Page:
What is Res Ipsa Loquitur and When Can It Be Invoked?

The legal concept res ipsa loquitur can be difficult to understand if you are not familiar with legalese. In general, the meaning of res ipsa loquitur allows a plaintiff to ask the court to make assumptions of fact without direct evidence.

In doing so, the court finds the defendant in the case liable for your injuries. Courts in Pennsylvania tend to be wary of using it too much. However, it can be a useful tool if you are a plaintiff in a personal injury case.

Legal Terms

Res ipsa Loquitur, often shortened to “res ipsa” is a legal term that is used in personal injury cases to show evidence. Before understanding the res ipsa loquitur meaning, it is helpful to first define a few key legal terms that are often associated with it:

Negligence: In a personal injury case, a plaintiff usually claims that the defendant is guilty of some form of negligence that caused their injury. To establish negligence, the plaintiff must prove that someone or a company had a duty of care to act in a certain way. They must also show that they violated that duty and failed to act like a reasonable person would have in the same situation. Finally, because of this failure, the plaintiff suffered injury and harm that they would not have otherwise experienced.

Duty of care: This is a legal obligation that is imposed on a person or organization that requires them to follow a standard of reasonable care while doing an action that could foreseeably injure others.

Rebuttal presumption: This is an assumption of a fact that is accepted by the court until the opposing side offers evidence to the contrary. This means that the fact presented by the plaintiff is believed to be true by the court unless someone expressly comes forward to contest or prove the fact incorrect.

Circumstantial evidence: A type of evidence that implies a fact. It is not direct evidence like a fingerprint or a confession. Rather, it is several facts compiled together that indicate something is true. An example would be several witnesses observing a man running away from a murder scene while covered in blood. They did not directly see the man kill anyone but it could be inferred that he may be the killer from numerous witnesses giving testimony.

Res Ipsa Loquitur Meaning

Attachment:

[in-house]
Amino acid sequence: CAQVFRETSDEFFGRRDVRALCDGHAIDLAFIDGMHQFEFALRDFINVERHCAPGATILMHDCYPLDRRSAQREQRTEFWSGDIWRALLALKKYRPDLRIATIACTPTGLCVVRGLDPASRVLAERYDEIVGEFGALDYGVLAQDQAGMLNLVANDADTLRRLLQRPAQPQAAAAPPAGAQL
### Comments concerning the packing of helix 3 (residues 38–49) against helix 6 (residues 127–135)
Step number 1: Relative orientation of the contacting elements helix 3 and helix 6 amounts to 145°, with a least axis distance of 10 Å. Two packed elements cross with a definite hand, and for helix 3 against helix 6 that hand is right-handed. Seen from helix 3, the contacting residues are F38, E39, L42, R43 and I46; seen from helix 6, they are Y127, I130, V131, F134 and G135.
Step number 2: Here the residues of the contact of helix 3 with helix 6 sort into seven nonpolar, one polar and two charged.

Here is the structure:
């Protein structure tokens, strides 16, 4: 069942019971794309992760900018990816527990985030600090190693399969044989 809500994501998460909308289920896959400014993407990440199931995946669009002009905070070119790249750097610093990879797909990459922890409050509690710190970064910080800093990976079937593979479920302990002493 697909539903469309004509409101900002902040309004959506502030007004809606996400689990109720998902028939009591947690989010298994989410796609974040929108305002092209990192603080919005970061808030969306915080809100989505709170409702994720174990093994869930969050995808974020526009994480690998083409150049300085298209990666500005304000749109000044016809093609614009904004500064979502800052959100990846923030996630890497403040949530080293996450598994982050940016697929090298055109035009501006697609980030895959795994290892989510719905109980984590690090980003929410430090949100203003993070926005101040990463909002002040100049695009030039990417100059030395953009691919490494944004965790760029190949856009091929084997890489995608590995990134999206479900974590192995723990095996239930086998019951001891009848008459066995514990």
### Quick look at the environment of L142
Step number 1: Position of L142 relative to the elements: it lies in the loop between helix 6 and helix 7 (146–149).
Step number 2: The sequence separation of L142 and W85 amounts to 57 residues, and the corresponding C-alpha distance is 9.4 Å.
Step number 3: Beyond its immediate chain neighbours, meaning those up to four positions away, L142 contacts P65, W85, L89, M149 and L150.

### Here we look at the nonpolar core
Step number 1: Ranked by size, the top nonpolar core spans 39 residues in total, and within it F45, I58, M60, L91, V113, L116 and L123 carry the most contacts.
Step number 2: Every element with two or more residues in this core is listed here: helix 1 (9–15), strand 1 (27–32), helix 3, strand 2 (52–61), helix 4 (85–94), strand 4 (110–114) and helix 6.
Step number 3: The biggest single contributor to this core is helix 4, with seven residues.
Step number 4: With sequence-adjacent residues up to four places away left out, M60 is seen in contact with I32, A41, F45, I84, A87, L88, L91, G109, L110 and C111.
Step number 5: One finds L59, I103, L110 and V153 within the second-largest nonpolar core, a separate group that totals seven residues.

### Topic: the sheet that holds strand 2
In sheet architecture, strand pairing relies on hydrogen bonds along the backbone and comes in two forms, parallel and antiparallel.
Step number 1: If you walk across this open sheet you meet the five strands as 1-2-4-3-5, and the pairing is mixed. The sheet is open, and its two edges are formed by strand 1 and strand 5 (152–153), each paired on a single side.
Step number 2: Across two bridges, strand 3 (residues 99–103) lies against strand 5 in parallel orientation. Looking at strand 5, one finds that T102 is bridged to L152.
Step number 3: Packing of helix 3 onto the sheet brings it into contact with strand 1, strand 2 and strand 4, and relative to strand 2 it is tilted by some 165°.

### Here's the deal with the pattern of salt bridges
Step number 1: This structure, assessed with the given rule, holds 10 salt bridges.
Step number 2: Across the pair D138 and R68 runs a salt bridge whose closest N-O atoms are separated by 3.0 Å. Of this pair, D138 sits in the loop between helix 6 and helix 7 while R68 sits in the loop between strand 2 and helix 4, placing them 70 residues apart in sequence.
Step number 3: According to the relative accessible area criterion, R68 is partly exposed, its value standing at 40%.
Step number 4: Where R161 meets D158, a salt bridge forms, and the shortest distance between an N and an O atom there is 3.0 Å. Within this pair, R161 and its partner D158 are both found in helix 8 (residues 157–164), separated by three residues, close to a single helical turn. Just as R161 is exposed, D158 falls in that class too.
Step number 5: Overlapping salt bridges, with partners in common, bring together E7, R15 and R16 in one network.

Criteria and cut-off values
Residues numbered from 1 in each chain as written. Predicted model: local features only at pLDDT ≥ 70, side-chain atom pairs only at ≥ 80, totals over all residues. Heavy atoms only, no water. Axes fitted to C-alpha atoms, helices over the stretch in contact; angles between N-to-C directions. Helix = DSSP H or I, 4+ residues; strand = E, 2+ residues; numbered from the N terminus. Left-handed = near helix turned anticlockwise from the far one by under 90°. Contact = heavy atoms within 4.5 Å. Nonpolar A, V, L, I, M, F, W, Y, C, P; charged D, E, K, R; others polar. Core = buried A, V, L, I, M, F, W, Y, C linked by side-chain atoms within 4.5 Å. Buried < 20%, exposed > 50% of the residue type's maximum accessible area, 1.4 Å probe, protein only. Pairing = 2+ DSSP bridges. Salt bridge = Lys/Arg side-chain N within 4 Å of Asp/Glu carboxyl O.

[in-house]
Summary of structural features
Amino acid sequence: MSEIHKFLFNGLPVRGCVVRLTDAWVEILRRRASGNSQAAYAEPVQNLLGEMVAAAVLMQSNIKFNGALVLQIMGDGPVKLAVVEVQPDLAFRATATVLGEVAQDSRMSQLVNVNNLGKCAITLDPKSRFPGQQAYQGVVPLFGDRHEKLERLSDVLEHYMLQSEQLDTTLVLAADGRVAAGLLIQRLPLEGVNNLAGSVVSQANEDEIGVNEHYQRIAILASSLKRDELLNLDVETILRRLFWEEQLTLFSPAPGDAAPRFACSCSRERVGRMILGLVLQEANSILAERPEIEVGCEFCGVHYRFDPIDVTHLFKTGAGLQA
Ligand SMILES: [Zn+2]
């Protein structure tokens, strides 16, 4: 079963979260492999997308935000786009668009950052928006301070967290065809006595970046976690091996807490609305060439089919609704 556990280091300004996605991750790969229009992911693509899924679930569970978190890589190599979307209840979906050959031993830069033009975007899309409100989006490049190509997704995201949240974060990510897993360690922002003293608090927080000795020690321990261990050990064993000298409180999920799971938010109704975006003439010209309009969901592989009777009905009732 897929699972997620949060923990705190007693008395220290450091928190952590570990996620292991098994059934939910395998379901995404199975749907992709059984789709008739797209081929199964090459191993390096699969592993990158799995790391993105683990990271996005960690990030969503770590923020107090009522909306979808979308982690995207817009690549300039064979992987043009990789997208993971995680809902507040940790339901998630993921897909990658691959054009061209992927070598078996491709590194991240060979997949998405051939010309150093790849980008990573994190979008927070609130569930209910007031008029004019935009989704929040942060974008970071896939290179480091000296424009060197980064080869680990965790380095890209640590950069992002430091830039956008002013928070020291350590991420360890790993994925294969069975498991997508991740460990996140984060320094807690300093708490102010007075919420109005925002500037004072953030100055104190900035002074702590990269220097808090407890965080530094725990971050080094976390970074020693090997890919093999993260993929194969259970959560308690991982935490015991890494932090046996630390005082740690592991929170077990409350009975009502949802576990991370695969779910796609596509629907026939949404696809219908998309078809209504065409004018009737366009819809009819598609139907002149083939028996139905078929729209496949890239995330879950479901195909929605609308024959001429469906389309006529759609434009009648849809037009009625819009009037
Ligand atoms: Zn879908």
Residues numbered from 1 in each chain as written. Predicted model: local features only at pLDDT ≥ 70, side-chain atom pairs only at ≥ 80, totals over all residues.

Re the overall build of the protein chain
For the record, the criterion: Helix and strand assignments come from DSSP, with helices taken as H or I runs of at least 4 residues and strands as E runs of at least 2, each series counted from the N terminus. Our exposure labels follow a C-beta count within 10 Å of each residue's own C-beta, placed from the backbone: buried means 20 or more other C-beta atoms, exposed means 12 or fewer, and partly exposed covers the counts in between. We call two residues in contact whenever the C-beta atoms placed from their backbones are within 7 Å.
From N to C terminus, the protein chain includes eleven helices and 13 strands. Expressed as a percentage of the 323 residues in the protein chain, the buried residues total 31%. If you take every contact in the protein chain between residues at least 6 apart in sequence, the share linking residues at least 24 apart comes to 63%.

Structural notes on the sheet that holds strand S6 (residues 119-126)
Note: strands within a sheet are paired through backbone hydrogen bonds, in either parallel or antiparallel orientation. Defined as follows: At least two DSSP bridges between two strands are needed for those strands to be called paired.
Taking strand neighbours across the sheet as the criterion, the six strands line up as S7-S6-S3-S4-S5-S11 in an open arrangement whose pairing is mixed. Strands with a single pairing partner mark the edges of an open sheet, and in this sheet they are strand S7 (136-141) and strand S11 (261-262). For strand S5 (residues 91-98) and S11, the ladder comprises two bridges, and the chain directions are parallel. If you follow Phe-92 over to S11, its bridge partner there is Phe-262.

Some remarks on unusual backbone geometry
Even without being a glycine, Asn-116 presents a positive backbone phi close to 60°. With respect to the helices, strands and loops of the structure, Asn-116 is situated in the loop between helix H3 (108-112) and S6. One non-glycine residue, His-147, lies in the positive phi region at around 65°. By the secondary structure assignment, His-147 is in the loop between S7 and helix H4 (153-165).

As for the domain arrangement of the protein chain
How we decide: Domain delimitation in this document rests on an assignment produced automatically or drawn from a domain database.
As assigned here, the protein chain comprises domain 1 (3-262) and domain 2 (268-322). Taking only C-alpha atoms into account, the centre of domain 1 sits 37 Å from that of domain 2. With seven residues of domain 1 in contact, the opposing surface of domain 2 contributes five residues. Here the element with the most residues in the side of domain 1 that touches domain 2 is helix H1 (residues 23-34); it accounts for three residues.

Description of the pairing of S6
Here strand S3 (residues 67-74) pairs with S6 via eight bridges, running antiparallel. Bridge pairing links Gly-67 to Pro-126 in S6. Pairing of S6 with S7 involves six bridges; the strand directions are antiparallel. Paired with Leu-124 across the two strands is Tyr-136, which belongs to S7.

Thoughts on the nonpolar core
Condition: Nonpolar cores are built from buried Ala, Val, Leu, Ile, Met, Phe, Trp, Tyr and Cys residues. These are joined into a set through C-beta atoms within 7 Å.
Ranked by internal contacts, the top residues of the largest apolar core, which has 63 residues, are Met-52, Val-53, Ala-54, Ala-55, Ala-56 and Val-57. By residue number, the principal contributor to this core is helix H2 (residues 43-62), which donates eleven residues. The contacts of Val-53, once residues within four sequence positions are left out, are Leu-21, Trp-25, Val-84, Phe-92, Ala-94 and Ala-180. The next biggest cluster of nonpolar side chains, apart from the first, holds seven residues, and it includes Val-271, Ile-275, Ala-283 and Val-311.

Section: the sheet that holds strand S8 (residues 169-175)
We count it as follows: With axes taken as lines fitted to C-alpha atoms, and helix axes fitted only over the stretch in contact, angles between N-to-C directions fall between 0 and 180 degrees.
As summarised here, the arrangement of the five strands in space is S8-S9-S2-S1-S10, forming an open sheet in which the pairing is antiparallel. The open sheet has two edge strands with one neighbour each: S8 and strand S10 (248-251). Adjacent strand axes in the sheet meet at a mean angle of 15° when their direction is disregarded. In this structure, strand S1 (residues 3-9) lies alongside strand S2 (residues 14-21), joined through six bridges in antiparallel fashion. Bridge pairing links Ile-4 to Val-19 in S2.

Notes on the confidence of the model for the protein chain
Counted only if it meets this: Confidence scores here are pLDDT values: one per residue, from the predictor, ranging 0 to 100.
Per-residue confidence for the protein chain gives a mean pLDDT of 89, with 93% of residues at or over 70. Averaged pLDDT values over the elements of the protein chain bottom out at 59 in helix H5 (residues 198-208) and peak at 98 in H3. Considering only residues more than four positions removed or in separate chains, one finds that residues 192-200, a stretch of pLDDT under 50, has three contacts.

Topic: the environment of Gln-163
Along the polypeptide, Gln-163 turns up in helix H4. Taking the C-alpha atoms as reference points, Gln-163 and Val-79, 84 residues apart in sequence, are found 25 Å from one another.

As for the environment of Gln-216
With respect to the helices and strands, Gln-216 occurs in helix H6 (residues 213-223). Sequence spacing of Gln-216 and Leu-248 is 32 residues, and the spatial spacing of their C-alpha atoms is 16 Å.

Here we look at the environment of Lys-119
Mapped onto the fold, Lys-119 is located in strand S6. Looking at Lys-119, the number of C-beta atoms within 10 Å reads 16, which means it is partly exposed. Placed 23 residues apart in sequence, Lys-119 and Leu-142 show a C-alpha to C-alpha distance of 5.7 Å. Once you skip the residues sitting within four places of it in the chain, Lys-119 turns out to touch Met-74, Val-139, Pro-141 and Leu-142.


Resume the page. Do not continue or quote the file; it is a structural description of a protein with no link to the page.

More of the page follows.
Res Ipsa is used to determine negligence. It is important to note that not all accidents are caused by negligence. Even if an incident occurred and there were severe injuries, the court will not always assume that negligence was involved.

Generally, the plaintiff will need to establish that the defendant meets the elements of negligence. They will need to show that the defendant had a duty, that they breached the duty, and that there were injuries because of their breach.

In Latin, res ipsa loquitur translates to “the thing speaks for itself.” The concept allows a plaintiff in a case to establish a rebuttal presumption of negligence by using circumstantial evidence. In doing so, negligence is presumed because there is no other reasonable explanation for what happened.

When Can Res Ipsa Loquitur Be Invoked?

The elements needed to show res ipsa loquitur vary by state. In Pennsylvania, it is only applied sparingly.  It will only be applied if the plaintiff can show through circumstantial evidence that their injury was more likely than not caused by the defendant. In reality, it is a high standard to meet.  In general, the plaintiff must prove three things:

  •  The event that occurred would not normally happen unless there was some form of negligence;
  •  The plaintiff had a partial or total lack of fault in the negligence; and
  • The defendant had a duty of care.

The concept is most often invoked in cases of medical malpractice, product liability, and unsafe property. It is also used commonly in large-scale catastrophic accidents.

For example, if a train came off of its tracks and killed a dozen people, it would more than likely be assumed as fact that this type of incident would not have occurred but-for someone’s negligence. In general, trains do not come off of their tracks without some superseding negligent cause.

Pennsylvania courts have been wary of invoking res ipsa loquitur. In a case decided in 2017, a judge rejected the use of res ipsa loquitur because the circumstantial evidence offered by the plaintiff was expert testimony.

The court found that the testimony had several shortcomings and negligence could not be assumed based on the statement given by one expert. The testimony was declared inadmissible and the case was dismissed.


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Philadelphia, PA 19109
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